What Happens to 401(K) When You Leave Your Job
So getting now into rollovers first, how much do you get to take with you? You always get to take your contributions to a retirement plan. We're really switching back here to people that are traditionally employed might get an employer match four oh one K. Offering or four and three B. Don't stress the money you put into your 40. And K. You always get to walk out the door with, that's your money. Now, you may not be able to walk away with all of your employer's contributions because sometimes there are some fun catches. It's known as something called a vesting schedule. There are three different types. It is immediate graded and cliff. So this determines how much of your employer's contributions. You get to walk away with immediate means. If you walk out the door three months after starting and you already signed up immediately for your 401 K. And they put money in, you get to walk out the door with it, it doesn't matter when you leave, you always get to walk away with yours and your e...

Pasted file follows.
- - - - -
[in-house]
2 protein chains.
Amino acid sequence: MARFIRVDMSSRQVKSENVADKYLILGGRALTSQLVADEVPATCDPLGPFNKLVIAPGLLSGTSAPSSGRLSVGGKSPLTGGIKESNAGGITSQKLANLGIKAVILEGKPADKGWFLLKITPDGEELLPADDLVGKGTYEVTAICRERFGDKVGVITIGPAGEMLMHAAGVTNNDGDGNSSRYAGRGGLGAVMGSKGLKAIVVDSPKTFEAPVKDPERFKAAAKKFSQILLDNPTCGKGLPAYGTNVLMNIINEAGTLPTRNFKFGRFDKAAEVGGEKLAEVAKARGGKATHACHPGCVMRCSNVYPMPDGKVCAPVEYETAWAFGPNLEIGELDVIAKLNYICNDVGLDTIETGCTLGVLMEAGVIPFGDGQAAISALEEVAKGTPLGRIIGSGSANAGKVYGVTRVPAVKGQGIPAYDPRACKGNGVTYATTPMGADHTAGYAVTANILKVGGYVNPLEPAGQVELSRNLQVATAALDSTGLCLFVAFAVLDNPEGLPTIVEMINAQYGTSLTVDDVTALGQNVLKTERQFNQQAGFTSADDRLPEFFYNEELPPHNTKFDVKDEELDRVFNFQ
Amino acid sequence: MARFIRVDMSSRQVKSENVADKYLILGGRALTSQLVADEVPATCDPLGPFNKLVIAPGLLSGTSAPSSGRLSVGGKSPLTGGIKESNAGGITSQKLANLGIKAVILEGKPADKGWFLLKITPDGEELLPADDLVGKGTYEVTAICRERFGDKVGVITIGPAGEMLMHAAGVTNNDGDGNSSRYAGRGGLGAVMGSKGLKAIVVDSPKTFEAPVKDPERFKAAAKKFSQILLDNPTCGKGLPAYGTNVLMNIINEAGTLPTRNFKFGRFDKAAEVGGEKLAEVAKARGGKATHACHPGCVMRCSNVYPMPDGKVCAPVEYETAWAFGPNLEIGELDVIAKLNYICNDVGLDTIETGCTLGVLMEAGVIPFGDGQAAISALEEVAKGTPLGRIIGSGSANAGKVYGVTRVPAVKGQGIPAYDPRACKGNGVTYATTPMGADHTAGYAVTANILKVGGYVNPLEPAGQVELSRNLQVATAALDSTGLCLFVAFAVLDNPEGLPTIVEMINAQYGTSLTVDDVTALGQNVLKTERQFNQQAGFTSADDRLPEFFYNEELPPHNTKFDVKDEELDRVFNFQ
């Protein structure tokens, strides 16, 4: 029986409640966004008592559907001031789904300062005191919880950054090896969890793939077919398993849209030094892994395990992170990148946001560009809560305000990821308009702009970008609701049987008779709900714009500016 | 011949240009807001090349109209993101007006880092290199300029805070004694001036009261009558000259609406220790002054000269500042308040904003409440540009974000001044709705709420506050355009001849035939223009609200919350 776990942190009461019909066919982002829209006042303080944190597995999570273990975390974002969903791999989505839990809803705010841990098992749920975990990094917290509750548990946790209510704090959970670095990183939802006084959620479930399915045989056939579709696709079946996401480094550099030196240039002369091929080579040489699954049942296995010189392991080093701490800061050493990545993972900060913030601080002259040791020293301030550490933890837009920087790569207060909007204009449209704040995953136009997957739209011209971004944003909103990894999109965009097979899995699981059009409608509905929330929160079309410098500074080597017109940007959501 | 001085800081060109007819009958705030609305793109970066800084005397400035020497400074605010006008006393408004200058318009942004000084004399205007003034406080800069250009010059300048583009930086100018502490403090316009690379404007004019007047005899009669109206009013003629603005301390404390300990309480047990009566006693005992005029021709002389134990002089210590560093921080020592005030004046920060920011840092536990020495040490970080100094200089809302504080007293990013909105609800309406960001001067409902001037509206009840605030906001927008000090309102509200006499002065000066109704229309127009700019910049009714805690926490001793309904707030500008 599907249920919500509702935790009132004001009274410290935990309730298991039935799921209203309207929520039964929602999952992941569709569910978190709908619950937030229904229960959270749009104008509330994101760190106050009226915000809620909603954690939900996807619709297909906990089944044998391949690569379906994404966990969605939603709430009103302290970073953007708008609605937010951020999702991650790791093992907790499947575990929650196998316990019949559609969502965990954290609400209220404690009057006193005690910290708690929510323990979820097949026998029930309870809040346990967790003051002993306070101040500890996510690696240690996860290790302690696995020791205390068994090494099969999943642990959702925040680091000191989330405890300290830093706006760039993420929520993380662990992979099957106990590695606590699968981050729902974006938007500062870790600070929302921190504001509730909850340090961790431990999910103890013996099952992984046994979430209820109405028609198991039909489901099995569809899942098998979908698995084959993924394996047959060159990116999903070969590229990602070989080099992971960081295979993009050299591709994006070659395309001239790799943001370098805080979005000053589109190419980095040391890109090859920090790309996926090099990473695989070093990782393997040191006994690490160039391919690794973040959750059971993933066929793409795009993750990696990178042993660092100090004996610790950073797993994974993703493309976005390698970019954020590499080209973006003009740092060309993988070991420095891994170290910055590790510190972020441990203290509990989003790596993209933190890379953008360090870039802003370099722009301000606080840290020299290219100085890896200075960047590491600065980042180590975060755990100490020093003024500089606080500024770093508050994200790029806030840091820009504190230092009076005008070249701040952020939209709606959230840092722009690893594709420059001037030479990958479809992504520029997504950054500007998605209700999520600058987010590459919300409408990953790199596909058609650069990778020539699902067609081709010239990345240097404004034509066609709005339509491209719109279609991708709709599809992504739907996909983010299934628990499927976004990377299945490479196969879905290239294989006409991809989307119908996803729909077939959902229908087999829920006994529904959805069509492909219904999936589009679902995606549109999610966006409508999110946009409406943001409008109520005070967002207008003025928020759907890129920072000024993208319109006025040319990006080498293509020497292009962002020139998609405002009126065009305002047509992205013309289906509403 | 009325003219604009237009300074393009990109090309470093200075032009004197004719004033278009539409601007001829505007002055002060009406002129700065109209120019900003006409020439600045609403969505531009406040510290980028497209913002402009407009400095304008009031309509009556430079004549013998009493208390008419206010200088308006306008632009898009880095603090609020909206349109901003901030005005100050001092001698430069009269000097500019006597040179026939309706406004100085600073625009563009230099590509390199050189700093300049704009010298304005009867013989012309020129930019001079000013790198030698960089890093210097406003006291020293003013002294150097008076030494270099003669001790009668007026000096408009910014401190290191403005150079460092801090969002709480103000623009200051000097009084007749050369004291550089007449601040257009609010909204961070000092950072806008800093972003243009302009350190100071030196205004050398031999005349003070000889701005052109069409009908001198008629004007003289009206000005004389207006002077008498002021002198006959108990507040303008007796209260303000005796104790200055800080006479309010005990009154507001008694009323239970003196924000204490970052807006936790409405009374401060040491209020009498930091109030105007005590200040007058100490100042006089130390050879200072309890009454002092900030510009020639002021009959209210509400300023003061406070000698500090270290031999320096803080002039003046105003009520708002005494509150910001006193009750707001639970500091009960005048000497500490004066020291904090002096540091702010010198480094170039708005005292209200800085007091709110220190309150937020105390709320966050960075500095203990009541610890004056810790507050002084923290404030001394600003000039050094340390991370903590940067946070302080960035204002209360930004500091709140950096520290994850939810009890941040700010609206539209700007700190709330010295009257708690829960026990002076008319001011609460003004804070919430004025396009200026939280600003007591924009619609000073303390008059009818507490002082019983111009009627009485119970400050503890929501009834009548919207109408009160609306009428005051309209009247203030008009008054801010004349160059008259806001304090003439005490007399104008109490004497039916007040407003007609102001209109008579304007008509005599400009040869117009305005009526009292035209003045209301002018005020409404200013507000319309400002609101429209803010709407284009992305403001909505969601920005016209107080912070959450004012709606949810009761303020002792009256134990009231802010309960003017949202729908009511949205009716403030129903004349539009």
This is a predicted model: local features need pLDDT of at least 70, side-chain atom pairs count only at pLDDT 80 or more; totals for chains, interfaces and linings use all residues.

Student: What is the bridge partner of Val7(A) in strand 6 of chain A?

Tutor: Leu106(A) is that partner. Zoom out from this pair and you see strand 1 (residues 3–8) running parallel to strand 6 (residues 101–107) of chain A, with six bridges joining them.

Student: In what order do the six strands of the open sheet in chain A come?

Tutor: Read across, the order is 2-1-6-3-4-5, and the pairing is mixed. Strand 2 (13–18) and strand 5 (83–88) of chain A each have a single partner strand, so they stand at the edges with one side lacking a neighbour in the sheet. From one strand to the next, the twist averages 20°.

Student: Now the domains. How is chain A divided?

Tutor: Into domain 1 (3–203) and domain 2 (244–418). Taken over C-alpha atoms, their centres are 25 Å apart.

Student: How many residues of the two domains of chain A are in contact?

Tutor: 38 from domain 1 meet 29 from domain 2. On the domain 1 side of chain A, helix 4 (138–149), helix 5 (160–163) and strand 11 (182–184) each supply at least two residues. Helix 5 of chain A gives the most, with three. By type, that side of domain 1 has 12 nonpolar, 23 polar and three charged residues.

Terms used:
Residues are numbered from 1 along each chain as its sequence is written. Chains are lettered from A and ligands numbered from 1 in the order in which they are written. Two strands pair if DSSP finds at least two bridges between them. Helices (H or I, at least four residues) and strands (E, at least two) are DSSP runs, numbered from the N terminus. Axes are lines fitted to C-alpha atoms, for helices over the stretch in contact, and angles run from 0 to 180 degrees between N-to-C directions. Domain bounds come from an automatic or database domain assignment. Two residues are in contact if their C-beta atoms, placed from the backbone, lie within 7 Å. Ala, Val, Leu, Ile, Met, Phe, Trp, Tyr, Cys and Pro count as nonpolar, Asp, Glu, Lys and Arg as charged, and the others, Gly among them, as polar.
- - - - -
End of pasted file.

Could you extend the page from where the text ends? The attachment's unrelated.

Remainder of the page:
mployer contributions invests immediately says obviously the creme de la creme of vesting options, which means it's pretty rare. Next is graded. So what happens is each year, a percentage of your employer contributions vest, so in year one it might be zero. So if you left after the first year, you only get to take your money, not the money that your employer put in and Cliff is the worst. Cliff is you have to wait until the very end when it fully vests around usually year four or five. So if you walk away and years one through three or one through four, that's it. You're not taking any of your employer contributions with you. The simplest thing is to roll it over and there's two different ways you can do this. If you're going to a new company with a four oh one K. Plan, it's possible to roll it into your new employer's four oh one K. Depends some employers allow it, some don't, but that is one option. Another is to just roll it over into an ira for yourself, something that you can be controlling. So maybe you have a new company for O and K and an Ira. But how do you roll it over first? You have to decide which brokerage you want to use. Now this is assuming of course that you're not rolling it over into a new employer's account. It's for you into an ira. Examples of brokerages include things like Fidelity, Vanguard, Charles, Schwab betterment being a robo advisor. Other robo advisers often do iras now as well, you open your rollover ira. Typically you log in and immediately see the option for a rollover. Trust me, they want your money, they make this very simple for you and then you have to contact your old employers four oh one K. Plan administrator. So that actually might be one of these guys. Sometimes your company used Fidelity or vanguard anyway. So it makes it really easy, you just call them up and say, hey, I want to roll this out into an ira easy peasy. Sometimes you have to have called them up and have them send a check to the new guys in order to roll it over and then you select your investments again, target date fund if you don't know what else to do. Otherwise building your portfolio, however, you'd like a big thing here is don't be afraid to get on the phone.